What does Genesis 32:26 mean?
ESV: Then he said, “Let me go, for the day has broken.” But Jacob said, “I will not let you go unless you bless me.”
NIV: Then the man said, 'Let me go, for it is daybreak.' But Jacob replied, 'I will not let you go unless you bless me.'
NASB: Then he said, 'Let me go, for the dawn is breaking.' But he said, 'I will not let you go unless you bless me.'
CSB: Then he said to Jacob, "Let me go, for it is daybreak."But Jacob said, "I will not let you go unless you bless me."
NLT: Then the man said, 'Let me go, for the dawn is breaking!' But Jacob said, 'I will not let you go unless you bless me.'
KJV: And he said, Let me go, for the day breaketh. And he said, I will not let thee go, except thou bless me.
NKJV: And He said, “Let Me go, for the day breaks.” But he said, “I will not let You go unless You bless me!”
Verse Commentary:
Jacob recently completed extensive preparations, out of fear that his estranged brother might be planning an attack (Genesis 32:6). As it turns out, Jacob was attacked, but not by his brother Esau. Instead, left alone in the night, Jacob has been attacked by a mysterious and unknown man. The two have engaged in real, physical combat, wrestling with each other until dawn. We will soon learn that this mysterious man is God in some kind of physical form (Genesis 32:28).

As their stalemate continues, the man suddenly puts Jacob's hip out of joint. The mention of "touch" is not meant to imply that this was some kind of miracle or other supernatural act. These men are grappling—a contest which by definition involves leverage and wrenching against the joints. Like an instructor who "cannot" defeat a student using self-restrained tactics, this man "cannot" defeat Jacob until deciding to strike a decisive—possibly permanent (Genesis 32:31)—blow. This, of course, means Jacob is now at a total disadvantage.

Although clearly defeated, Jacob will not release the man. The man insists, wanting to leave since dawn has come. Jacob refuses. He recognizes this man has supernatural power. In fact, he seems to understand this is God or a representative of Him. Jacob insists that the man bless him. This request sets up one of the most profound moments of symbolism in the entire Old Testament.

Jacob's history and personality are key to understanding this passage. His past is littered with incidents of deception and disguise (Genesis 27:22–23; 29:21–25). He is known to be a liar and deceiver (Genesis 27:36). His most famous scam was impersonating his brother in order to trick his father into giving him a blessing (Genesis 27:30–35). Even the Hebrew words used here are pregnant with meaning: the river is named Yab'bōq, meaning "emptying." Jacob's name in Hebrew is Ya'aqōb, which means "heel-grabber." And the combat described here is yē'ābēq.

All of this plays into the critical moment described in the next verse.
Verse Context:
Genesis 32:22–32 describes the fight Jacob was not expecting. While preparing in fear to meet his brother Esau, Jacob finds himself grappling with an unknown stranger in the dark. He wrestles with the mysterious man for much of the night. Near morning, the man gains a massive advantage over Jacob by dislocating Jacob's hip. Jacob realizes his opponent is divine, and asks for a blessing. Poetically, God insists that Jacob, known for his deception and lies, identify himself first. In response to Jacob's honest answer, God changes his name to Israel and blesses him. As the sun rises, Jacob limps to rejoin his family and meet his brother.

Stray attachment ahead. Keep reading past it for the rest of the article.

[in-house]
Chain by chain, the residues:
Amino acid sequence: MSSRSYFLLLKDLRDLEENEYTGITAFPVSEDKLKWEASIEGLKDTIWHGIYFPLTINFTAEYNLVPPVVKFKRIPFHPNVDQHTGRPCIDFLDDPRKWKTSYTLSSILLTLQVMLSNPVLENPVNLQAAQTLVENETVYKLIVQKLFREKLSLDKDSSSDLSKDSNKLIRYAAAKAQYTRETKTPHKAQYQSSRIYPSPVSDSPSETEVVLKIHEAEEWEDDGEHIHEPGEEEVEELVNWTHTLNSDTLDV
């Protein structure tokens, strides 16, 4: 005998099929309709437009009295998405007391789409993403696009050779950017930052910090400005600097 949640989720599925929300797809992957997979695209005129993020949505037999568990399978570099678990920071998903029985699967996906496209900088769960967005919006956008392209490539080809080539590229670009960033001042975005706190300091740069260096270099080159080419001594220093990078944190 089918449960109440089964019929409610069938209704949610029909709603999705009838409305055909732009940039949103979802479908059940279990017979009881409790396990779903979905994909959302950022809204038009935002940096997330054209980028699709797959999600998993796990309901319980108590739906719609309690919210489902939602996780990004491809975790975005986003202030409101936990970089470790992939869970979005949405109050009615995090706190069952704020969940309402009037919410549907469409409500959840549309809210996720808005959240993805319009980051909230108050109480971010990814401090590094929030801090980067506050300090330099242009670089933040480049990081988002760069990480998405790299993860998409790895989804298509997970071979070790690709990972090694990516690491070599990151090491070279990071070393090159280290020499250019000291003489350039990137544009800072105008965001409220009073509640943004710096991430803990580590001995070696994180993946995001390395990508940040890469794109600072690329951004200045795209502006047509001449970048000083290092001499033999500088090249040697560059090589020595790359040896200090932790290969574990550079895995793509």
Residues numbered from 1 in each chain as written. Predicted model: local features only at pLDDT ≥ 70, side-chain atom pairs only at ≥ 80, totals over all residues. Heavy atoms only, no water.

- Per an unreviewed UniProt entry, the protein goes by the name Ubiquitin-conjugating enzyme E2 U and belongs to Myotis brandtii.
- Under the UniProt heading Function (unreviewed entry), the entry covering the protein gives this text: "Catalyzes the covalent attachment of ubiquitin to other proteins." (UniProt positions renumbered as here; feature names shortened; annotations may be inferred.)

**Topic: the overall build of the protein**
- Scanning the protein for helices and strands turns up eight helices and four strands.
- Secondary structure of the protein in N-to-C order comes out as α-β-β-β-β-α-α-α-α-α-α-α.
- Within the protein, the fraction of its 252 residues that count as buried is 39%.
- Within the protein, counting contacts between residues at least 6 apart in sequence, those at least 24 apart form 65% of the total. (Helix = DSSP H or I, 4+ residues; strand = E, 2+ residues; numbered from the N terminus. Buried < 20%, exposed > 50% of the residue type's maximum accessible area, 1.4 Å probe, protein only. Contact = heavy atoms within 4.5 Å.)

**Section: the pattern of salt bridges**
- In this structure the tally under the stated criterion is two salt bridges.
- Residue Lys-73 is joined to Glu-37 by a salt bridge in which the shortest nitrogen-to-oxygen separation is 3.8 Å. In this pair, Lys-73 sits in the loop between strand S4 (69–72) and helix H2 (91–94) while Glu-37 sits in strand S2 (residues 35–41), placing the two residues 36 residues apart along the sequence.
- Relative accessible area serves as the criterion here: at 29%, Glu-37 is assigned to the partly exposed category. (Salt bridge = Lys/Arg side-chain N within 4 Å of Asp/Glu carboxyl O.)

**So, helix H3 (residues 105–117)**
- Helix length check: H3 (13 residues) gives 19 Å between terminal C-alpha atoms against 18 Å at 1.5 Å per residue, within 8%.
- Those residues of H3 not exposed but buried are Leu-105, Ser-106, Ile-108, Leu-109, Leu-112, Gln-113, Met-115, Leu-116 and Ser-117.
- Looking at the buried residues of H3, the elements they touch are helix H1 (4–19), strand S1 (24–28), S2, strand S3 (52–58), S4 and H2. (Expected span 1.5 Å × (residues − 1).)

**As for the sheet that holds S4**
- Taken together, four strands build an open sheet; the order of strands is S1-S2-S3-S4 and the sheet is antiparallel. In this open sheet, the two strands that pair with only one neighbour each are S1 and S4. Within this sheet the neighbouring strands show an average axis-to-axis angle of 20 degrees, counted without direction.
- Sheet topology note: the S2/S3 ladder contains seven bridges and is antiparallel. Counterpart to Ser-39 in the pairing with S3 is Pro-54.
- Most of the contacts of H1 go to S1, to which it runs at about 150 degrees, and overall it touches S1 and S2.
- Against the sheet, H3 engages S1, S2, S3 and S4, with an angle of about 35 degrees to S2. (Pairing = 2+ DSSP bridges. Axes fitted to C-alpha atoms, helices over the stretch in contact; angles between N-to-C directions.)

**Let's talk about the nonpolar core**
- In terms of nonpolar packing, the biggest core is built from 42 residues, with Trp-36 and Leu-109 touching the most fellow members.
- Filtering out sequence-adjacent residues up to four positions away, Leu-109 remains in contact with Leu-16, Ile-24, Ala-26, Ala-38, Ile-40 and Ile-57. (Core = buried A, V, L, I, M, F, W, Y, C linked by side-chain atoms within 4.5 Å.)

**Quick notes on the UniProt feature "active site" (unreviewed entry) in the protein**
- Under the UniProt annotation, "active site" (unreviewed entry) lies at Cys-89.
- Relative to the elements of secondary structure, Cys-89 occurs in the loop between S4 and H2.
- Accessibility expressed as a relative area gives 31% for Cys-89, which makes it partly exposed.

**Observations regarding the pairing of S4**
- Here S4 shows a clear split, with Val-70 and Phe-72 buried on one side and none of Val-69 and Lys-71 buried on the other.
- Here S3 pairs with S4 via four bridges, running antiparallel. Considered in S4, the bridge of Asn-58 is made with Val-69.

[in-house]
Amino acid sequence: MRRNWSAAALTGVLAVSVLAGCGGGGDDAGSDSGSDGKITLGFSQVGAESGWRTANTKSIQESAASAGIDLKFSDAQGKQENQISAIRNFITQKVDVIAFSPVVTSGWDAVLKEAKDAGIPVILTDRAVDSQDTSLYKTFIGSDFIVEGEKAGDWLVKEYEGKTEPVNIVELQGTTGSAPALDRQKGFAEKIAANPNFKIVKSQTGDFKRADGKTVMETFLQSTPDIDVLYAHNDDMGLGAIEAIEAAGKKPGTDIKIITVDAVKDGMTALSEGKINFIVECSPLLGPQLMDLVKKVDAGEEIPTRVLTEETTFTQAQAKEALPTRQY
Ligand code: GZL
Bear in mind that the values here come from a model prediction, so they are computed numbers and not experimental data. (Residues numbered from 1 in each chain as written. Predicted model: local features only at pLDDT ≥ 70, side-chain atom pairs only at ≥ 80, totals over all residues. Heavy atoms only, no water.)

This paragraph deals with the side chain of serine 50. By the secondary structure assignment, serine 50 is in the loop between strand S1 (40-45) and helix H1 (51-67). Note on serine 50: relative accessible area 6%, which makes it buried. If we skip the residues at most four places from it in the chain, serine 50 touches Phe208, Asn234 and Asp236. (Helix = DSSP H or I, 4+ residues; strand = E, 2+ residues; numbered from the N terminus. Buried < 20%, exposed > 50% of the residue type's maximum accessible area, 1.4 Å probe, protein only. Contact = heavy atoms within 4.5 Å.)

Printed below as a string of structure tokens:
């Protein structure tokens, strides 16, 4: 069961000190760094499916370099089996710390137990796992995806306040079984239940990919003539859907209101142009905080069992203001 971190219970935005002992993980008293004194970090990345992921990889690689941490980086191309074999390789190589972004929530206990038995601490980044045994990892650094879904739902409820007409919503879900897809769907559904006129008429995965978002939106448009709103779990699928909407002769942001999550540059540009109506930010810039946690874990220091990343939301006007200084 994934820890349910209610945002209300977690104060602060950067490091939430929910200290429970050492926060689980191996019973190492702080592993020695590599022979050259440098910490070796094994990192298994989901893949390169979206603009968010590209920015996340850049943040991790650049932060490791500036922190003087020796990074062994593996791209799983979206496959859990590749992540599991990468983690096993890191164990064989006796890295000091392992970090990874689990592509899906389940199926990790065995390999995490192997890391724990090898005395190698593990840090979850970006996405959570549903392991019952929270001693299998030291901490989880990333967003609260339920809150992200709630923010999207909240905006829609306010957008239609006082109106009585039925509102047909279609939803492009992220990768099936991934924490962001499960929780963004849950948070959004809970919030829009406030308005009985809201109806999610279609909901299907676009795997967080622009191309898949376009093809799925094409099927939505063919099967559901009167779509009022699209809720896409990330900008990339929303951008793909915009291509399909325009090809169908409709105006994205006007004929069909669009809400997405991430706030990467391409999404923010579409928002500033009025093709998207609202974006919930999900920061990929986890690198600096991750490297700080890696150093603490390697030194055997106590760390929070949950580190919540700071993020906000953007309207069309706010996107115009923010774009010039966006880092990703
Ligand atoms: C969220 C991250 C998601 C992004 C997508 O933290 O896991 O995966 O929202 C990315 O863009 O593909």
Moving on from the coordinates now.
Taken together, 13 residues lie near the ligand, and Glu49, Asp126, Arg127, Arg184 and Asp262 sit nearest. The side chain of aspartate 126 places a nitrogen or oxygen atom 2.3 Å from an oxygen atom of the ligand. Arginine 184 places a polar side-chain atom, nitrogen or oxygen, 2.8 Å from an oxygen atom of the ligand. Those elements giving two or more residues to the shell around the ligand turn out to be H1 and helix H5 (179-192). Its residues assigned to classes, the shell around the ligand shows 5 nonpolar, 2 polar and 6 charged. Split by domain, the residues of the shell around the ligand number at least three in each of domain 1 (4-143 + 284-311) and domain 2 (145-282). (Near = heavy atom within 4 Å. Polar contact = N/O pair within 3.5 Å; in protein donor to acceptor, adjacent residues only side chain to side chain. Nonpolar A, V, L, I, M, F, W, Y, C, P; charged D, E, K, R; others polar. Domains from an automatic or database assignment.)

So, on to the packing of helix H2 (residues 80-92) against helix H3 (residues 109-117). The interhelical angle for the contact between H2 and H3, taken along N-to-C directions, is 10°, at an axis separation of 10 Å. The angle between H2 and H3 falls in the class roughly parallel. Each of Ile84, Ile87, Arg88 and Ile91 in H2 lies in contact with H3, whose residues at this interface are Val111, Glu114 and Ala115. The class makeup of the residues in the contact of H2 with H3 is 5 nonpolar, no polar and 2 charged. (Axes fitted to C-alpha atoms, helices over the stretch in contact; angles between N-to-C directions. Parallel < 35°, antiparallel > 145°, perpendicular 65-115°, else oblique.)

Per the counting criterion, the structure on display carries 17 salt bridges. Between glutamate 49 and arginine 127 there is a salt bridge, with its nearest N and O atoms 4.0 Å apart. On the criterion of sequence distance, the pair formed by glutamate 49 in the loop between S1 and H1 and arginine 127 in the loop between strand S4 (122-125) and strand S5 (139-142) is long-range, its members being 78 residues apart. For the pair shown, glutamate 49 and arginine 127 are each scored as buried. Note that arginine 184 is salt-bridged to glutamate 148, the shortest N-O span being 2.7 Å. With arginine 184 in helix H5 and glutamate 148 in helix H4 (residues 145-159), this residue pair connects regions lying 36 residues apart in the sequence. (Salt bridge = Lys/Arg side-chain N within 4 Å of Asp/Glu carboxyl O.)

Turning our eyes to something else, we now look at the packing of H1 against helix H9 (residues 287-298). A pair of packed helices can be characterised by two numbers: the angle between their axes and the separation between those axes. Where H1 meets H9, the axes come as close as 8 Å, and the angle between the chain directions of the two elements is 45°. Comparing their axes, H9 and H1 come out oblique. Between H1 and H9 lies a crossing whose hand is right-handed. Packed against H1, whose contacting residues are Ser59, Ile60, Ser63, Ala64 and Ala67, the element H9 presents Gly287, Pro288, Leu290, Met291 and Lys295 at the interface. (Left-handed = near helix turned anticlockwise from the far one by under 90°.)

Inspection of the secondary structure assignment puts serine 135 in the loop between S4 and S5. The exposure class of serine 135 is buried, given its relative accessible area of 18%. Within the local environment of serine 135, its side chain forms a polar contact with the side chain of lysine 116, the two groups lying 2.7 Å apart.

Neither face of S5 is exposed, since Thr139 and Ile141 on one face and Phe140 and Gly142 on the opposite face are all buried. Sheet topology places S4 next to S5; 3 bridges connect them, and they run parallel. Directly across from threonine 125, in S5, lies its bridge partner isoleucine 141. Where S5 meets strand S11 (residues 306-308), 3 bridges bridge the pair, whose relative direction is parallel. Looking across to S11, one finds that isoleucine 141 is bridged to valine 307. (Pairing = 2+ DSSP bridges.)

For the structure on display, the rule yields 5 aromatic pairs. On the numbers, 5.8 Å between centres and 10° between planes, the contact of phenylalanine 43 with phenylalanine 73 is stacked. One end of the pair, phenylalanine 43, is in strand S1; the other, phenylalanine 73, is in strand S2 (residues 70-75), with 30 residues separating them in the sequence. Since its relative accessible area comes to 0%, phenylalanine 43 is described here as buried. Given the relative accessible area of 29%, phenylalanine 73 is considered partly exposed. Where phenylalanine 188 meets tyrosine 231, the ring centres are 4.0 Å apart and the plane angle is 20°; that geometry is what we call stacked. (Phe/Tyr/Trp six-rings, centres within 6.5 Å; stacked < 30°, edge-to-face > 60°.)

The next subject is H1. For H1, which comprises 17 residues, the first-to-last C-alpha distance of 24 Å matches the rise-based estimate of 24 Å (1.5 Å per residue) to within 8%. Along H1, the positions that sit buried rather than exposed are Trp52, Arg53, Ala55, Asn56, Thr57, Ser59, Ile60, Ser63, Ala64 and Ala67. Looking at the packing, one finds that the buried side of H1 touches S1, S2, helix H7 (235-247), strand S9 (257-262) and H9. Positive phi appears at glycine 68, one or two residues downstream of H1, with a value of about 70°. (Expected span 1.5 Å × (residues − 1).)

Chapter Summary:
As Jacob turns from Laban and returns to his own country, he must face another fearful potential conflict. His twin brother Esau is coming with 400 men. Jacob fears this group approaches to take revenge for cheating Esau out of the family blessing 20 years earlier. Jacob is so afraid that he splits his company into two camps, even as he prays for deliverance. He also prepares an enormous gift to appease Esau. Finally, while alone in the dark, Jacob is unexpectedly forced to wrestle a mysterious man, who turns out to be God Himself in some manifested form. In a profound moment of symbolism, God forces Jacob to state his own name, which God then changes to Israel.
Chapter Context:
Jacob came to work for Laban while running from the murderous rage of his twin brother, Esau. Jacob was routinely cheated by Laban, eventually resolving to go back home along with his entire family. Unfortunately, this means coming back to face Esau. Jacob soon learns that Esau is headed his way with 400 men. Are they coming to kill Jacob in revenge for his deceit in stealing Isaac's blessing 20 years earlier? Jacob is afraid. He divides his large company into two camps. He prays earnestly to God for deliverance, and he prepares a huge gift to appease Esau. Finally, alone in the dark, Jacob physically grapples with a mysterious man who turns out to be God Himself, in some form. The man questions Jacob, changes his name to Israel, and pronounces a blessing. Thus prepared, Jacob will finally be reunited with his brother in the next chapter.
Book Summary:
The book of Genesis establishes fundamental truths about God. Among these are His role as the Creator, His holiness, His hatred of sin, His love for mankind, and His willingness to provide for our redemption. We learn not only where mankind has come from, but why the world is in its present form. The book also presents the establishment of Israel, God's chosen people. Many of the principles given in other parts of Scripture depend on the basic ideas presented here in the book of Genesis. Within the framework of the Bible, Genesis explains the bare-bones history of the universe leading up to the captivity of Israel in Egypt, setting the stage for the book of Exodus.
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